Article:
Fast food

more than a year ago
Berlin is known for several simple dishes, but its most indigenous dish is a hard sell to tourists: Eisbein (pork knuckle) with sauerkraut and puréed peas. Though it comes from an animal that most people have nourished themselves on for years, there’s something about this chunky bit of anatomy that intimidates those who botched their dissection exams in biology.

It’s a meal to wrestle with at a proper tavern with dim lighting and dark wood to hide any mess. But ultimately, the meat on a joint bone clearly reminds us that it’s a barnyard animal we’re consuming, and that can make even devoted carnivores queasy.

Berlin’s other adopted hometown recipes are perfect for those who don’t like their food to remind them from whence it came: Currywurst, Buletten and Döner kebab - all sold at fast food stands (Imbiss), which number about 3,000 in Berlin.

There are various claims to who first put the curry in the German Wurst, but a front-runner is the late Herta Heuwer of Berlin. She ran an Imbiss in Charlottenburg, and her culinary contribution to the city in 1949 is commemorated with a plaque on Kantstraße, corner of Kaiser-Friedrich-Straße.

The snack’s name is an overemphasis of just one of its many ingredients - the chubby smoked pork sausage (Dampfwurst) is served with ketchup that’s been laced with spices such as mild curry, ginger, cumin, cardamom, cinnamon and cayenne pepper. Frau Heuwer patented her curry sauce in January 1959. The sausage itself is considered ‘finer’ than Bock- or Bratwurst and in the west Berlin version, has an extra thick skin to make it crispier. Before it’s fried up, cuts are made into the sausage to make it puff up.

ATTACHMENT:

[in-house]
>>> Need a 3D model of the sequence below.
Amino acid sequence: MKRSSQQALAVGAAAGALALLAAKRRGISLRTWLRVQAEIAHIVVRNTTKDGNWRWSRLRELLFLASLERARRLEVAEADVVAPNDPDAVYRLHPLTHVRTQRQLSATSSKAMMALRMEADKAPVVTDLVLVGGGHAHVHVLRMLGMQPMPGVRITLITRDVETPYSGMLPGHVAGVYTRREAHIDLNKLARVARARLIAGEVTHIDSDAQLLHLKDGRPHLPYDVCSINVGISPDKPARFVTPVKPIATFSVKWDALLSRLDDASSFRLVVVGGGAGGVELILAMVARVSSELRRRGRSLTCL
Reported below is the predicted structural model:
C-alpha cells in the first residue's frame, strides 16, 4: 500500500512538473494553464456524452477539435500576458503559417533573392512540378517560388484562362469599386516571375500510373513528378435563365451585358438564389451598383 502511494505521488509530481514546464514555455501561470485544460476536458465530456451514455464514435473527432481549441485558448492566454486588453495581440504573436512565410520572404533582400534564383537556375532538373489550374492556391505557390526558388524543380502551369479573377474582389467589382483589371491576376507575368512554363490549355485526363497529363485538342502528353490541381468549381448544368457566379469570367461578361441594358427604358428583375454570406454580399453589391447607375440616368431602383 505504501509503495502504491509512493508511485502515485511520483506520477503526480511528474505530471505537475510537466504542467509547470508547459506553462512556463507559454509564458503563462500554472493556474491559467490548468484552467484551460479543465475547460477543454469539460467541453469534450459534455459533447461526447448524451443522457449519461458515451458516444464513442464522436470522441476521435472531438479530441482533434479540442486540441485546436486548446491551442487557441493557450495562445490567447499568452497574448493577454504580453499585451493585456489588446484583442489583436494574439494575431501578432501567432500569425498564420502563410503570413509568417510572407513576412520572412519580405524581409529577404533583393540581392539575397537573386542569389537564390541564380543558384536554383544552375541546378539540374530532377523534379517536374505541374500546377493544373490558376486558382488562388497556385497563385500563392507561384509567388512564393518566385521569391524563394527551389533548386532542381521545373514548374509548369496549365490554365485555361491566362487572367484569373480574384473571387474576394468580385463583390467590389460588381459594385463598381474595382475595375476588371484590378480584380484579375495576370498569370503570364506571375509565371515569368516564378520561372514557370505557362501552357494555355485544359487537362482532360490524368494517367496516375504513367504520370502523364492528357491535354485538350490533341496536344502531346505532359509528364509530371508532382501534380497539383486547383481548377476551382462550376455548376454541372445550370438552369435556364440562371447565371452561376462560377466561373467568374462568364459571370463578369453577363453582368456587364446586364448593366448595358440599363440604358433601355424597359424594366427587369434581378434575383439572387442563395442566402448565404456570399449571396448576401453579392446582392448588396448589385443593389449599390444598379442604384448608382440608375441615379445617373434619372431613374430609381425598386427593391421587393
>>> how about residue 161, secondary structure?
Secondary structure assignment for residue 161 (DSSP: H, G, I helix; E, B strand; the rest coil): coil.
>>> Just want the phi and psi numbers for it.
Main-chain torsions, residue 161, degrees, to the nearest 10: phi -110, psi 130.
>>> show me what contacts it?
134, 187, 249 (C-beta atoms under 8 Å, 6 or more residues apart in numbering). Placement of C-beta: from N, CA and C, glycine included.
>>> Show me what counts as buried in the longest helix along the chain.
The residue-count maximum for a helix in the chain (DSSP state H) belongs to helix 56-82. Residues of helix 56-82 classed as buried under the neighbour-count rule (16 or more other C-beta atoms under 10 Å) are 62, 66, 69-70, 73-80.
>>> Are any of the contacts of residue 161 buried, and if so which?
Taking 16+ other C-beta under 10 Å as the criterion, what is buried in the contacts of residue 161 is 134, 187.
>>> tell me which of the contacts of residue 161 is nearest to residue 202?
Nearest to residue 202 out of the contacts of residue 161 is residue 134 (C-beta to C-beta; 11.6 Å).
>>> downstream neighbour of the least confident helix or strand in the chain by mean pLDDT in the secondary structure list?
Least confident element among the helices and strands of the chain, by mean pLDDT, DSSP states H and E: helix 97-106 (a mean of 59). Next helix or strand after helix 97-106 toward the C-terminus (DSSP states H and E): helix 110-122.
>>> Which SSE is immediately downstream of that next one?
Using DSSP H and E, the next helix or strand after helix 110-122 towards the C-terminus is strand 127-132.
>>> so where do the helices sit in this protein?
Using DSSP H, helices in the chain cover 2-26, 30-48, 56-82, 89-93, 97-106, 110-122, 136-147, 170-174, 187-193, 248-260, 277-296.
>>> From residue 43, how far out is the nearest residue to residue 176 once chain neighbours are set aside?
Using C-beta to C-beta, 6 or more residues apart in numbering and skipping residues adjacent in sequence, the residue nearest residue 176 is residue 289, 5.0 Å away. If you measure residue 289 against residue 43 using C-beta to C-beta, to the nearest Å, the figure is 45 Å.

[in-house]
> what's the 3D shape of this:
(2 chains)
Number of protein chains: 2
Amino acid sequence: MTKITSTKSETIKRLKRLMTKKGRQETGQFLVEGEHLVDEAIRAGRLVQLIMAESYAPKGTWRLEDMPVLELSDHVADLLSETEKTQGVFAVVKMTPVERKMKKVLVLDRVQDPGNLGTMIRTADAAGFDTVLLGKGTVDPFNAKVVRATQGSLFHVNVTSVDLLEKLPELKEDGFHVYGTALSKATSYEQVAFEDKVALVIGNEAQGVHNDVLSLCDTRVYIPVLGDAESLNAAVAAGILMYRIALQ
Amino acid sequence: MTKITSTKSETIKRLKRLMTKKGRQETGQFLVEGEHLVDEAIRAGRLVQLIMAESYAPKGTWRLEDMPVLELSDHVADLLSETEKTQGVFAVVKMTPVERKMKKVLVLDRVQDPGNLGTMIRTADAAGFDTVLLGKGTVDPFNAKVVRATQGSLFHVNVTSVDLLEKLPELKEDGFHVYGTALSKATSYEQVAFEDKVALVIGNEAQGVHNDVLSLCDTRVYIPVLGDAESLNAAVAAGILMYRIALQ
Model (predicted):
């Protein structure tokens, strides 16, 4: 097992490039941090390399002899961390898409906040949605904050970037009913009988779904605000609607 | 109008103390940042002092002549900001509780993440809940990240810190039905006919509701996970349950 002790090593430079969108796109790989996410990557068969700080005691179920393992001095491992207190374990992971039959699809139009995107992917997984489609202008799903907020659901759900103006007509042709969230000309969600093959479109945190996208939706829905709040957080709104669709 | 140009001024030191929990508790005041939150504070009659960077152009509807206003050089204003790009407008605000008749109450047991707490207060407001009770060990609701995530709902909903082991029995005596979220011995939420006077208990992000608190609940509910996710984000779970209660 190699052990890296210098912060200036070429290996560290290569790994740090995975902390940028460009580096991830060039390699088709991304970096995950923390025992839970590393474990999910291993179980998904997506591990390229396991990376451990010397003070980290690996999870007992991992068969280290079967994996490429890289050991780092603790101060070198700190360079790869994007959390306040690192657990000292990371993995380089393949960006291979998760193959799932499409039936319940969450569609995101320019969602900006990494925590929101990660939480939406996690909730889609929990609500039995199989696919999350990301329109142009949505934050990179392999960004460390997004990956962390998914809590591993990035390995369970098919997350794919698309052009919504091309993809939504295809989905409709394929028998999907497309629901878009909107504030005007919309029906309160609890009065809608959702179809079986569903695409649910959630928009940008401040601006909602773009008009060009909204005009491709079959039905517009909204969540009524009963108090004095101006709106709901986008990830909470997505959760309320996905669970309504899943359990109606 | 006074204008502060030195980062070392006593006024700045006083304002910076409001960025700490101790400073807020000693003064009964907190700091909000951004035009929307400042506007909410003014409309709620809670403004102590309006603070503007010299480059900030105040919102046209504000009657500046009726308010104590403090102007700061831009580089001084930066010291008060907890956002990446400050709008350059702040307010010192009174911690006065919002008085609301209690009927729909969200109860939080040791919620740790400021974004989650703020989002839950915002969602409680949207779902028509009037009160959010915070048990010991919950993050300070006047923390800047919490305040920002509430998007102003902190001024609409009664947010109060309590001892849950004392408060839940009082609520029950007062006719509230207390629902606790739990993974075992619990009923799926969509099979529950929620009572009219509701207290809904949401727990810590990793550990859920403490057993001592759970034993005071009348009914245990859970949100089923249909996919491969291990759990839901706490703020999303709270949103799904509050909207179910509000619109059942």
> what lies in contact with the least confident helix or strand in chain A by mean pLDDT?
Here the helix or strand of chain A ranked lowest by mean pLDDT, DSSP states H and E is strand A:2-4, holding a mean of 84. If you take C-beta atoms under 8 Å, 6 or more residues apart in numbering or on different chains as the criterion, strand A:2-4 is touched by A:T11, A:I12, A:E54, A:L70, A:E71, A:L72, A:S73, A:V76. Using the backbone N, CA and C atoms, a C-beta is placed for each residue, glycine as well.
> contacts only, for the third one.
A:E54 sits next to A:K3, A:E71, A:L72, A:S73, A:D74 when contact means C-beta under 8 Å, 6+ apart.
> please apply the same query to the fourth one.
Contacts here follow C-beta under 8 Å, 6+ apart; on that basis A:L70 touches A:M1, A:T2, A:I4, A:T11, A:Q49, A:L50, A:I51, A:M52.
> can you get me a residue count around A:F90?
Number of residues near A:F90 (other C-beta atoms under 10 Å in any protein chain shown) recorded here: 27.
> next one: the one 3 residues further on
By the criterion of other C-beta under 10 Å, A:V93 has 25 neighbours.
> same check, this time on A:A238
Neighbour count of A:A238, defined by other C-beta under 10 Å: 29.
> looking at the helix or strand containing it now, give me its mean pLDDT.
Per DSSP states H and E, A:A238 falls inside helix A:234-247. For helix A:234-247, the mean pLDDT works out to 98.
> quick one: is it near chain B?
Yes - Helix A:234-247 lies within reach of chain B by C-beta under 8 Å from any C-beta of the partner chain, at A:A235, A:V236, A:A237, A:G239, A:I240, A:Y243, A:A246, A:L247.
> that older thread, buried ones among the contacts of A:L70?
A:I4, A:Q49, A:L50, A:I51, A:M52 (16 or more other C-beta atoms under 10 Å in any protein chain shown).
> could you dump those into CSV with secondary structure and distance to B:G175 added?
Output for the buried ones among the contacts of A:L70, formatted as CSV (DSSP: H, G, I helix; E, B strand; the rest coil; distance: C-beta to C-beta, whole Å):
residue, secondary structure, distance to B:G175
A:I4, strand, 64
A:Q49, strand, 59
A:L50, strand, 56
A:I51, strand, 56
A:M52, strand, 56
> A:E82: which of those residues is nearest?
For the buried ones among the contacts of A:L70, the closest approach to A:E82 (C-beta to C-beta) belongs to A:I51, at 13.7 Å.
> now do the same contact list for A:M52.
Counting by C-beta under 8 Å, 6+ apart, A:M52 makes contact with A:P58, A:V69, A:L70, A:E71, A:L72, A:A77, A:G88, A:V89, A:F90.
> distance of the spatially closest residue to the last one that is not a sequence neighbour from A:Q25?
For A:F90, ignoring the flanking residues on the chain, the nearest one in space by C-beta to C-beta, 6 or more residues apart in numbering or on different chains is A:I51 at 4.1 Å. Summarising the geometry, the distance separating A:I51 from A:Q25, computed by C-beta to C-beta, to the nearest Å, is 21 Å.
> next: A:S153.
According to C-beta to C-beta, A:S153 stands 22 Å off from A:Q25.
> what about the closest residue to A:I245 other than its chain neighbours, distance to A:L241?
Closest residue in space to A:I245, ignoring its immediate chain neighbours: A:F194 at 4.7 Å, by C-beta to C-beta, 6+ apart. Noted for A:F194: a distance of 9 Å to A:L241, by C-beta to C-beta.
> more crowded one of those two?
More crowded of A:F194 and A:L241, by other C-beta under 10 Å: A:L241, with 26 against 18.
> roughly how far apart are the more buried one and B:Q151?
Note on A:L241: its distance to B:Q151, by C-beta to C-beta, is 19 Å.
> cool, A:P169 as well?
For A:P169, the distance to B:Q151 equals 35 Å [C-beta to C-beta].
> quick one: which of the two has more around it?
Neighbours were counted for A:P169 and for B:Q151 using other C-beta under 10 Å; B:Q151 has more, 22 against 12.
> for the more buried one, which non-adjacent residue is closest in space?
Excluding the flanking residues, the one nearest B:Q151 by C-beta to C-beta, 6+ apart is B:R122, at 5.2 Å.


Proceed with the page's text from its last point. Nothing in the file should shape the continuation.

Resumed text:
East Germans did not suffer deprivation of this exotic blend during the 28 years of Berlin’s separation: Konnopkes Imbiss in Prenzlauer Berg, which has been grilling sausages since 1930, made its own concoction which it still serves today. In eastern Berlin, the snack is traditionally boiled and served darmlos (without skin).

Berliners have the French Huguenots to thank for many of the cultural refinements they introduced to the city in the late 1600s, including hamburger patties known as Bouletten (or Buletten). The ground beef is mixed with eggs, butter, and onions and is served either warm or cold. It was considered a good ‘to-go’ meal for the traveling armies of Friedrich der Große.

The Döner kebab is the most recent addition to Berlin’s fast food scene, and it arrived with the Turks who began immigrating to Germany 40 years ago. Pressed lamb or chicken spend the day rotating on an upright spit, and your share is shaved off upon ordering, and layered into a pocket of pita bread. Salad, onions, and sometimes a choice of dressings are stuffed in for a balanced meal. The number of kebab stands has surpassed Currywurst joints and you’ll find them outside nearly every U-Bahn station and on the blocks in-between.

Find reviews of the city's finest fast food establishments here in our Where to Eat section.


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